Pure Plant Oil-fuelled Diesel Engines – A number of 8 stationary Diesel engines for power generation (each approximately 420 kWe) were monitored by in-service oil analysis, in order to select lubricant change intervals and perform condition monitoring. Engines were MAN D2842 LE211 adapted for being fuelled with PPO. Oil samples were collected concomitantly with the oil change, approximately every 400 hours of operation.

In-service oil analysis – In-service oil samples were collected by the field technicians from the monitored engines and sent to the laboratory for analysis. The test slate included Elemental Spectrometry, Kinematic Viscosity at 100°C and IR Spectroscopy. All the sample-related information (such as sampling date, oil and engine operation hours, etc.) were managed via the Mecoil’s proprietary Permantenere web platform, which allows historical results trending and password-restricted web access to the machine condition reports.

Elemental Spectrometry was carried out by ASTM D6595, using a Spectroil Q100 Rotating Disc Electrode Atomic Emission Spectrometer.

Kinematic Viscosity was carried out by ASTM D7042, using an Anton Paar SVM3000 Stabinger Viscometer.

IR Spectrometry was carried out using a Digilab FTS-2000 FT-IR Spectrometer with a PIKE MIRacle ZnSe crystal (for PPO dilution, calibrated with spiked samples between 2 and 20% by weight) and a Spectro Fluidscan Q1000 (for soot, nitration, remaining antiwear additive percentage, glycol and water contamination).

4. Results

Table 1: Monitored Engines

Engine No. Plant Code No. of Oil Samples
3 SR 1 – excluded
6 SI 15
7 SI 15
8 GF 13
9 GF 15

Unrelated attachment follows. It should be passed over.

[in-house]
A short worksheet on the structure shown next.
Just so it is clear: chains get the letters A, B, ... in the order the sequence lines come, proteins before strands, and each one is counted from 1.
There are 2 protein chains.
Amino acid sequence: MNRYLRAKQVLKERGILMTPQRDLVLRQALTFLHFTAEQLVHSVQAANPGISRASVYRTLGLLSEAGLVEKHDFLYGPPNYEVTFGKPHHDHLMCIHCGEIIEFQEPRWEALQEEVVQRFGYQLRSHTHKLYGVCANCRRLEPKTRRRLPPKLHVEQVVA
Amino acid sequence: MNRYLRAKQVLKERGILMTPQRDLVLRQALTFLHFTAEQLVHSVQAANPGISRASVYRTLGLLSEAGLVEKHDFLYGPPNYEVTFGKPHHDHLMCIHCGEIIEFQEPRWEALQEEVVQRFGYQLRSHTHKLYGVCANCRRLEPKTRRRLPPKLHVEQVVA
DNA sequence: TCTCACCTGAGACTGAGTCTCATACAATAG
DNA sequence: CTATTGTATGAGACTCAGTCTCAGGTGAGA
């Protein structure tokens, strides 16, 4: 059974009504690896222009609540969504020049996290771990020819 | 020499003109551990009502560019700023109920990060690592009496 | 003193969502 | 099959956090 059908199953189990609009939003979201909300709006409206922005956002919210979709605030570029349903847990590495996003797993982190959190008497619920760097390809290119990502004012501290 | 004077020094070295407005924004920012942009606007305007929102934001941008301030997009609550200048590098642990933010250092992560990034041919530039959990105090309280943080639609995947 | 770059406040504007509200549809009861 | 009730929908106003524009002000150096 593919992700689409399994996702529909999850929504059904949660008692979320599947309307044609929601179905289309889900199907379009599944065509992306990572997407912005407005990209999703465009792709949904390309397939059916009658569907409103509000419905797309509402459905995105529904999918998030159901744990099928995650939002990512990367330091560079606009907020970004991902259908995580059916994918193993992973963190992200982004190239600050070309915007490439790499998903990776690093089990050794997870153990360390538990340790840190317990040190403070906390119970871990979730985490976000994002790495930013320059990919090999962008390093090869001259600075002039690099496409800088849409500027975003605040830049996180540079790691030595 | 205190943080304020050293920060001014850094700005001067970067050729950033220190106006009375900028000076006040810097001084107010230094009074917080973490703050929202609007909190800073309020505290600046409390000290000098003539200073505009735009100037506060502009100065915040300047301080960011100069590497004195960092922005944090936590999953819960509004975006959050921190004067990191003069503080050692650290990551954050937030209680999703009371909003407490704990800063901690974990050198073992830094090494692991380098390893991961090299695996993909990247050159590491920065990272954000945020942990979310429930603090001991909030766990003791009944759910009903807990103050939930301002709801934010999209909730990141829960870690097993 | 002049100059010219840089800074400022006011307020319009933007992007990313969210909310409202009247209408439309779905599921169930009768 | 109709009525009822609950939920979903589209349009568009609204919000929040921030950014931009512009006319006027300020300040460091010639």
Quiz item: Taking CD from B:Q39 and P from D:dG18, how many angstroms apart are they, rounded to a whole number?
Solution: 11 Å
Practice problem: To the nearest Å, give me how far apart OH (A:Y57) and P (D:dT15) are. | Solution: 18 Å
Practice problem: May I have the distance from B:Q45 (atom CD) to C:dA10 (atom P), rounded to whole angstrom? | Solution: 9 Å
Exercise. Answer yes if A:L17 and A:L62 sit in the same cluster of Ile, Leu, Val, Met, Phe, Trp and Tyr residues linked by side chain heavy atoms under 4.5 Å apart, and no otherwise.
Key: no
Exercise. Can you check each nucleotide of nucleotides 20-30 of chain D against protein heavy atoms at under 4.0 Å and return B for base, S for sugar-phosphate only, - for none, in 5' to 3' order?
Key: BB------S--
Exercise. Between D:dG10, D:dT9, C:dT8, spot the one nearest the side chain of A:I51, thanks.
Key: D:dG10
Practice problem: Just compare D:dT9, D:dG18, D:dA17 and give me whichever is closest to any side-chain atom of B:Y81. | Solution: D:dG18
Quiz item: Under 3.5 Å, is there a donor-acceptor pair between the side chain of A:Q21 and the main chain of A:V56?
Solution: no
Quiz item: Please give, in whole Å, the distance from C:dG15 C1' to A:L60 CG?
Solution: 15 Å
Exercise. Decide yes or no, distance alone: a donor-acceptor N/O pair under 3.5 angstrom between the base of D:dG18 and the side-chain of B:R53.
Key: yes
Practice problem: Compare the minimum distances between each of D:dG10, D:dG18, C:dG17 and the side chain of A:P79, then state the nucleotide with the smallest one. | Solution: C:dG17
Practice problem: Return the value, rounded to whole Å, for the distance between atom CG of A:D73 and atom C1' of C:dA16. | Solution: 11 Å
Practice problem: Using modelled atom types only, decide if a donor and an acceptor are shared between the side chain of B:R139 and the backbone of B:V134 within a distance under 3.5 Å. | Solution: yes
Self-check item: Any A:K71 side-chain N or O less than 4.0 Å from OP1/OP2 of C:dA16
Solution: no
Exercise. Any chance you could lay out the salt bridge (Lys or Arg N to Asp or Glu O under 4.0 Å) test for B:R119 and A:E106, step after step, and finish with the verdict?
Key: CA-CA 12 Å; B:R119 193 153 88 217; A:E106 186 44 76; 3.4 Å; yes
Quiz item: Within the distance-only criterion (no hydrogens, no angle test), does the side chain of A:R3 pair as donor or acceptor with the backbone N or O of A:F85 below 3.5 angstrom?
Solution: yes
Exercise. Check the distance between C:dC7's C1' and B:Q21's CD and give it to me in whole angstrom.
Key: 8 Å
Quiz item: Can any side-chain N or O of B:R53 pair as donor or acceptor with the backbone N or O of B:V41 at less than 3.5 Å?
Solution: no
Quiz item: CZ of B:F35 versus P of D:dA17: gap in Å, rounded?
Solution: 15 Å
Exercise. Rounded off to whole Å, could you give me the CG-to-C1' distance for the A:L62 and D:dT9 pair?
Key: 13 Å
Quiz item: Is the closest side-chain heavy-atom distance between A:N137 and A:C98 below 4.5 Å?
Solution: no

11 SO 6
13 DF 3 – excluded
17 IT 2 – excluded

Of the 8 monitored engines, 3 were excluded from this study, due to the low number of received oil samples (hence the low data amount). Thus, historical trend evaluation was performed on 5 engines (N°6, 7, 8, 9, 11) belonging to 3 different plants (coded SI, GF and SO, see Table 1).

Some of the monitored engines showed very high amounts of Potassium (K) in the lube oil, peaking up to 750 mg/kg. The presence of Potassium (K) in used oil from Diesel engines has always been considered a sign of coolant leak, together with Boron, Sodium and Molybdenum, depending on the type of anti-corrosion formulation. In this case, the presence of K did not match with any other symptom of coolant leak, therefore we ascribed it to K contamination in the rapeseed oil used as fuel, which was found to be 10-11 mg/kg. In all the considered instances, the increased K level in lube oil was accompanied or shortly followed by an increase in wear and corrosion metals, particularly Iron.

We did not find any significant correlation between the increase in Iron concentration and other important chemical parameters in used oils, such as PPO dilution, viscosity variation and water contamination.

Therefore, the Mecoil laboratory issued alert reports regarding the engines’ health conditions. Consequently, the plant management reported to have found severe signs of corrosion and fatigue wear on valves and cylinder heads, particularly on engines 6, 7, 8, 9.

The damage found was coincident with the use of a single supply (30 tons) of high K vegetable oil in those plants.

5. Discussion

This case history confirms that in-service oil analysis is a powerful tool for plant reliability, not only in detecting wear debris and contamination in the lube oil, but also giving some important indications on PPO quality.

This work also demonstrates that K is an important contaminating element, when it comes to fuel quality in Pure Plant Oil-fuelled Cogeneration, and maybe worth considering to be limited in the forthcoming visions of vegetable fuel specifications.

6. References

[1] Chiaramonti D., Prussi M. Pure vegetable oil for energy and transports. Int. J. Oil, Gas and Coal Technology, Vol. 2, No. 2, 2009.

[2] Prussi M., Chiaramonti D., Riccio G. Theoretical and Practical Experiences on a 30 kW MGT fed with Pure Vegetable Oil. Proceedings of the 17th European Biomass Conference & Exhibition, 29 June – 3 July 2009, Hamburg, Germany.

[3] Bachner A.-F., Demonstration of 2nd Generation Vegetable Oil Fuels in Advanced Engines. The 2ndVegOil Consortium, 2012.

[4] STLE Alberta Section, Basic Handbook of Lubrication, Second Edition, 2003.

[5] DIN 51605:2010 – Fuels for vegetable oil compatible combustion engines – Fuel from rapeseed oil – Requirements and test methods.

MAN Service Information 180911